Sunday, January 11, 2004

The Baptism of Our Lord
Isaiah 43:1-7
Psalm 29
Acts 8:14-17
Luke 3:15-17, 21-22

When thou passest through the waters, I will be with thee; and through the rivers, they shall not overflow thee: when thou walkest through the fire, thou shalt not be burned, neither shall the flame kindle upon thee.

In England, the tallest building in any village is the church. The church is the center of the community. All life passes through at one point or another, if only to be baptized, married or buried. The church was used as place for village meetings. In times of danger the church was the strongest building and often became fortress to protect the people. Once clocks became readily available, the village standard was kept on a clock that was installed in the tower. The church bells were used to call people together and to inform the people of important announcements. Different tunes were used for different purposes.

Joyous ringing might mean the village was celebrating a wedding or a birth. A mourning piece would announce a death. Certain tunes would call the people for a meeting and others would bring believers together for worship. Everyone understood the meaning of the bells and acted appropriately.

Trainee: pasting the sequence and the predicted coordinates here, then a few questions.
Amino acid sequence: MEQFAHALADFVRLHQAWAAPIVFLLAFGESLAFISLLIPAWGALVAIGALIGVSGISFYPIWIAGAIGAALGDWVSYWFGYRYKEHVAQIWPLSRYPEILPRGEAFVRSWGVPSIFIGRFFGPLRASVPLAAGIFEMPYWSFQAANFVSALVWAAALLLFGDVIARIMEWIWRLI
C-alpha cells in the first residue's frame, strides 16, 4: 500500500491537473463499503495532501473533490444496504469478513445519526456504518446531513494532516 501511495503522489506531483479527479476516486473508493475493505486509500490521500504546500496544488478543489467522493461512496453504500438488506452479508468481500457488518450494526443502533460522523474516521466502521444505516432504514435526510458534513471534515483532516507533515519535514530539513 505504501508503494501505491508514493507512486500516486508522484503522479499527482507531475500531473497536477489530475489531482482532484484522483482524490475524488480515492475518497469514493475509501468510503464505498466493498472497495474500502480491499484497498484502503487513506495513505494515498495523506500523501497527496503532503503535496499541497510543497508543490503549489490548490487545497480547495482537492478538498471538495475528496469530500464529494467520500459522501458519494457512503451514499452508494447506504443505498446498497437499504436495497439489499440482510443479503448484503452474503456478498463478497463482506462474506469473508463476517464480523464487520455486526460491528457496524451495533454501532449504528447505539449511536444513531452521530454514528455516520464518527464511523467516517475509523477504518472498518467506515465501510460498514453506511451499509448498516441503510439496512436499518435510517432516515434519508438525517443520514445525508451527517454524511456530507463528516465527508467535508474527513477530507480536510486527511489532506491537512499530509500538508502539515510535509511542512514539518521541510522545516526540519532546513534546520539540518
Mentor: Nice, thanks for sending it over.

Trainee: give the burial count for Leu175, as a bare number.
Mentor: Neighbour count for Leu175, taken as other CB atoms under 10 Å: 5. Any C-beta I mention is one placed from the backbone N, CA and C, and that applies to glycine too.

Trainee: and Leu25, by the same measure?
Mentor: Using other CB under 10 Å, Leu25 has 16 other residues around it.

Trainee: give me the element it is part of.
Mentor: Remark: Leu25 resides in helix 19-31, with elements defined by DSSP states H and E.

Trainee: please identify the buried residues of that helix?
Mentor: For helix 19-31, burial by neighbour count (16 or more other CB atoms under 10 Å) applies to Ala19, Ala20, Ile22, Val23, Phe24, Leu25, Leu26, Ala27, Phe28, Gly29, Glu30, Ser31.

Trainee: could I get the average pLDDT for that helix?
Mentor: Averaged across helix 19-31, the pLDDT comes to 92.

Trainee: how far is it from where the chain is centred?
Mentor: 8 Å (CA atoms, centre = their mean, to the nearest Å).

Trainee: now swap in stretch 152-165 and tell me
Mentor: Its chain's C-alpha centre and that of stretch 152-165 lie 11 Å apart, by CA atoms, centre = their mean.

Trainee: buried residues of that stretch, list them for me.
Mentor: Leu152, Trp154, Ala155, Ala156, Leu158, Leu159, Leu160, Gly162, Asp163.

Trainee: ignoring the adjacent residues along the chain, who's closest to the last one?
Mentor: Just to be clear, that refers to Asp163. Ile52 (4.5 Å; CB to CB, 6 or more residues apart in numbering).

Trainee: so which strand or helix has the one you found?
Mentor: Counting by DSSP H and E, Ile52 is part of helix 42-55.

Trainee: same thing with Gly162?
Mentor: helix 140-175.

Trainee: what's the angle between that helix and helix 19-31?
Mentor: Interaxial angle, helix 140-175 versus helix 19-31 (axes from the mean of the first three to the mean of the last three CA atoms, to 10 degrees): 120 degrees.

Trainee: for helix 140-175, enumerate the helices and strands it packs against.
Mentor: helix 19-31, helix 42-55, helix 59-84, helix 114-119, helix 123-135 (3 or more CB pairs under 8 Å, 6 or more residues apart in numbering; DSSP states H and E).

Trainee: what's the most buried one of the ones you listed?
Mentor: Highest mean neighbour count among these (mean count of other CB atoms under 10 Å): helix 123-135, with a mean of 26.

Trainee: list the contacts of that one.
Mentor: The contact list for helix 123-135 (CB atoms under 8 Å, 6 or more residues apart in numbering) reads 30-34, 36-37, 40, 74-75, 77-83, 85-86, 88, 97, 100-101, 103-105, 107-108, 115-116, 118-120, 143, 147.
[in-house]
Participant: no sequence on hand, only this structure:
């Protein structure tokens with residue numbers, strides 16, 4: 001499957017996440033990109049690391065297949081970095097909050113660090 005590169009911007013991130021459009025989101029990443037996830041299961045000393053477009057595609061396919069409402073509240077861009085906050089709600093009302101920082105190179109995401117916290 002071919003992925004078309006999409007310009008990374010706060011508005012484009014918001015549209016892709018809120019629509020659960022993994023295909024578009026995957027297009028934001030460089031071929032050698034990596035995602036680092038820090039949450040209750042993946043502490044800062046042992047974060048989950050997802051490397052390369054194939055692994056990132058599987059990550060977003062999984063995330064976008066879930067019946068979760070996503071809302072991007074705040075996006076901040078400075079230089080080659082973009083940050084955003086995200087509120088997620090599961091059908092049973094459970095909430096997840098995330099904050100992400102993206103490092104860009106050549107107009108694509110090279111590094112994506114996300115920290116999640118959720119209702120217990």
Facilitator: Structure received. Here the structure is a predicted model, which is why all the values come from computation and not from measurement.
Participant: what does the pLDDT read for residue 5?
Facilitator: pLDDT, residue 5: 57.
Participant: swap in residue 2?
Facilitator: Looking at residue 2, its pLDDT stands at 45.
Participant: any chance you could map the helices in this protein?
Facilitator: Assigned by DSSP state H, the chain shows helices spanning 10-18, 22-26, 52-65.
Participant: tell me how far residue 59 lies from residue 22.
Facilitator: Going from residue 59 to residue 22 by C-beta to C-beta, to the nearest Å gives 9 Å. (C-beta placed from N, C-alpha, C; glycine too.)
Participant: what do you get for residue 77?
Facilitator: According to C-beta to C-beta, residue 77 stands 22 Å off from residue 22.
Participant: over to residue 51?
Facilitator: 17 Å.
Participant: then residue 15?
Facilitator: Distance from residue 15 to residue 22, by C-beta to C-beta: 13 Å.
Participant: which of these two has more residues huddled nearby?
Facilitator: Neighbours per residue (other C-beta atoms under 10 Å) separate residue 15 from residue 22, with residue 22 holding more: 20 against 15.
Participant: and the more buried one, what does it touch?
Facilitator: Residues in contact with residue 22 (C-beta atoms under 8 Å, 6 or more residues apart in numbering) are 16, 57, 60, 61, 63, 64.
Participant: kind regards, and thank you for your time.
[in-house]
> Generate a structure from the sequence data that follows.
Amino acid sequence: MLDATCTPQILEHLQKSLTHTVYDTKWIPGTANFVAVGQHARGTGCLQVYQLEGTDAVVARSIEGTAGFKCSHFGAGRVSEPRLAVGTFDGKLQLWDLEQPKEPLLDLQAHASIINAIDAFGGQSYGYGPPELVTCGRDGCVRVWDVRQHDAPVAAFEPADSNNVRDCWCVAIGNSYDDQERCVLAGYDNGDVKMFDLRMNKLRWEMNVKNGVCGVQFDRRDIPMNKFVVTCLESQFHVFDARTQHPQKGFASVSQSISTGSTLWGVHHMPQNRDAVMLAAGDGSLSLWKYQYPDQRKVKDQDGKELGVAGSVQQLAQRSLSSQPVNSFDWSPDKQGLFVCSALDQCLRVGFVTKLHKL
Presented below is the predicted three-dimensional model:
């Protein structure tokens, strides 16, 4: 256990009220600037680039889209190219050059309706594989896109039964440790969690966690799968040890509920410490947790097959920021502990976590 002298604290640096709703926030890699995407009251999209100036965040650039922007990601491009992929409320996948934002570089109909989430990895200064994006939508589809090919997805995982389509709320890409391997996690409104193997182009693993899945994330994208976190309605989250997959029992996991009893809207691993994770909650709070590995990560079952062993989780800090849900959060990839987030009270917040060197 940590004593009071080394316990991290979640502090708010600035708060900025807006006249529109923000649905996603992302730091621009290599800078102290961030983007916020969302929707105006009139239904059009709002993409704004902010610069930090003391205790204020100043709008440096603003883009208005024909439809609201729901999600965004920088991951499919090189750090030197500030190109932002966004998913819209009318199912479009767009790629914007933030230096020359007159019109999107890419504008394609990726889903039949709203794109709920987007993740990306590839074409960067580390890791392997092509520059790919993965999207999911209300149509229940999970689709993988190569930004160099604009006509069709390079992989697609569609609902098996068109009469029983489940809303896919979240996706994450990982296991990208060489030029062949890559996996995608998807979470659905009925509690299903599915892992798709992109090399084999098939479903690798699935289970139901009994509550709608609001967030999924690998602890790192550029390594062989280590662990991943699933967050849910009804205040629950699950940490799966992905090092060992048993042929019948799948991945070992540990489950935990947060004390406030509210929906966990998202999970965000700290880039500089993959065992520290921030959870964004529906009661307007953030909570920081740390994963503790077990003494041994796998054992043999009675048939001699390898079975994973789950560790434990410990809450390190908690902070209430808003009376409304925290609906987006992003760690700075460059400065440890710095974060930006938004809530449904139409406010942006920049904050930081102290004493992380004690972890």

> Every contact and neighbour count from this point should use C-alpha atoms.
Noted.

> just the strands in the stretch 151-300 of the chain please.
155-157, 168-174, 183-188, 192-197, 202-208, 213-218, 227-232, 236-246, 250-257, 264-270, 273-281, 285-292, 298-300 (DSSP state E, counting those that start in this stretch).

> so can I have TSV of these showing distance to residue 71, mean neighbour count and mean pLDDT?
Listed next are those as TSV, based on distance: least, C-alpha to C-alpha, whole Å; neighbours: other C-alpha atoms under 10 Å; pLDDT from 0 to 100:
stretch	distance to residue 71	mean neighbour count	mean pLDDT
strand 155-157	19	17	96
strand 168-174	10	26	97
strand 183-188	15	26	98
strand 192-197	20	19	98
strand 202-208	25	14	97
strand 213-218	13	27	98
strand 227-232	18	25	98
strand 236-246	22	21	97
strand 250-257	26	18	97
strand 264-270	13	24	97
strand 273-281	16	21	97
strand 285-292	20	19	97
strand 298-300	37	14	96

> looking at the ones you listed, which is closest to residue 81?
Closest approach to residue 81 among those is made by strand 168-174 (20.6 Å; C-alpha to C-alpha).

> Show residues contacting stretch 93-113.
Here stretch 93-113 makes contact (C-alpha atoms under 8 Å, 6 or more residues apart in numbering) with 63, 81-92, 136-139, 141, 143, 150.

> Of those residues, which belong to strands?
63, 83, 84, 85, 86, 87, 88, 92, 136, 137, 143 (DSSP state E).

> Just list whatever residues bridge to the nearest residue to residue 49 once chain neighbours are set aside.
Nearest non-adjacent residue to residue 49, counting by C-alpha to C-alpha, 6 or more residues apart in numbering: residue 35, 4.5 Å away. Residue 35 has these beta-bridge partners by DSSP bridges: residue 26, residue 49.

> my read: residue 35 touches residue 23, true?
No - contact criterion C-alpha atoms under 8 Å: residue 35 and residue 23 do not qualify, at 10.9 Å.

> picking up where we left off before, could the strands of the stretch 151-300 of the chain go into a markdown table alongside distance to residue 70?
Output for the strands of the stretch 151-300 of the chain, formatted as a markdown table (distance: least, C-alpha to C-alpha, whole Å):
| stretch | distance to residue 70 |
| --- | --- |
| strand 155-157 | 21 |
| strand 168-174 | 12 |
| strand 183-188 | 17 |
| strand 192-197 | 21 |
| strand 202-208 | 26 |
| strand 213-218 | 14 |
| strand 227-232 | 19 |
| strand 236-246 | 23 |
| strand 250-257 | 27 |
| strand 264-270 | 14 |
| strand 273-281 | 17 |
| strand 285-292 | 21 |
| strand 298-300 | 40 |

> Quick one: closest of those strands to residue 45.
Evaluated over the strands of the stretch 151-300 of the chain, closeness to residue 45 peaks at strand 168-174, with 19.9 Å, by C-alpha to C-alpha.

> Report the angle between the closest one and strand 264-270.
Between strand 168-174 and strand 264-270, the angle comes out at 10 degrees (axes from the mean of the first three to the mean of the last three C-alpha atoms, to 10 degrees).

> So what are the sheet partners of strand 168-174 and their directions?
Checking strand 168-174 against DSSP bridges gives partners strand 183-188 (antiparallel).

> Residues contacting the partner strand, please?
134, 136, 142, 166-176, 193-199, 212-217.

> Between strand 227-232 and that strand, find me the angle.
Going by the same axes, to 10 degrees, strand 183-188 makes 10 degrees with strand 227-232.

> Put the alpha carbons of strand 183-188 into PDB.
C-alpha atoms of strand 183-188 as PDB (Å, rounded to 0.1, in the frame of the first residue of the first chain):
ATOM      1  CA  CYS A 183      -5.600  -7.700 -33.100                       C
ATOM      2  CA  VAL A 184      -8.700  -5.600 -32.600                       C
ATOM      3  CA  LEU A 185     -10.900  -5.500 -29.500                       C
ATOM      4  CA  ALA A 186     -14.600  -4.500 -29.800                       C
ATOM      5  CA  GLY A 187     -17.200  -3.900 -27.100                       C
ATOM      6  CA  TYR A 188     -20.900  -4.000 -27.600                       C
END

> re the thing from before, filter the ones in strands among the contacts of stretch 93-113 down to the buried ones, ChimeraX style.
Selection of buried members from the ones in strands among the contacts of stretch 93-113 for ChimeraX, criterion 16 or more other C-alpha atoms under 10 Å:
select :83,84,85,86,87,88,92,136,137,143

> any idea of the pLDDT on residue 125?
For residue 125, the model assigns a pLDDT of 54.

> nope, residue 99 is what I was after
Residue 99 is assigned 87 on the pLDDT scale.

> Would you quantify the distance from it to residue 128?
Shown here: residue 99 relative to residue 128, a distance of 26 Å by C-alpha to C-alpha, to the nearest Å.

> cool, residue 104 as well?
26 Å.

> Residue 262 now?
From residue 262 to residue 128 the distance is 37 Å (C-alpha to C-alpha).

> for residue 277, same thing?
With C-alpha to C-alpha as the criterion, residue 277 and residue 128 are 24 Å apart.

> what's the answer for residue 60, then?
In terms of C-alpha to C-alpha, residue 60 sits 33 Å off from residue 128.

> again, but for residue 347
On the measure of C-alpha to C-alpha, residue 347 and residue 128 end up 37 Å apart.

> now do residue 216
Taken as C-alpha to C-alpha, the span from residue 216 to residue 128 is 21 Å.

In this day with skyscraper buildings and all sorts of noise, church buildings rarely dominate the skyline and church bells are barely heard. Many churches are not even built with a tower anymore, and few even consider the cost of bells worthwhile. We have radio, television, telephone and email to announce things. There are public buildings separate from the churches where we gather to do the business of living together in community. Church is only for church these days.

I suppose there are some positive reasons for such a change. We live in a multicultural society where the church is not the center of most people's lives. In those days when the church played a more prominent role, the lines between church and state got confused and even lost. People were Christian because everyone was Christian. Yet many were not quite Christian. They went to church because it was expected, but did not understand much about what they believed. Martin Luther discovered this problem in the early 1500's when he was visiting some village churches. The parishioners had no idea what it meant to be a Christian. Luther wrote the Small Catechism to teach and inform the people about the faith. There are still many who suffer the same trouble. There's something missing from their lives.

It is almost as if they can hear the church bells but they have no idea what the ringing means. The call to worship draws them in but they don't understand what it is they have gathered to do. In faith it is easy to look out at all of creation and see the hand of God in all that there is, but without faith the world just looks like it is revolving on its own. God is not visible to those who do not see with the eyes of their heart.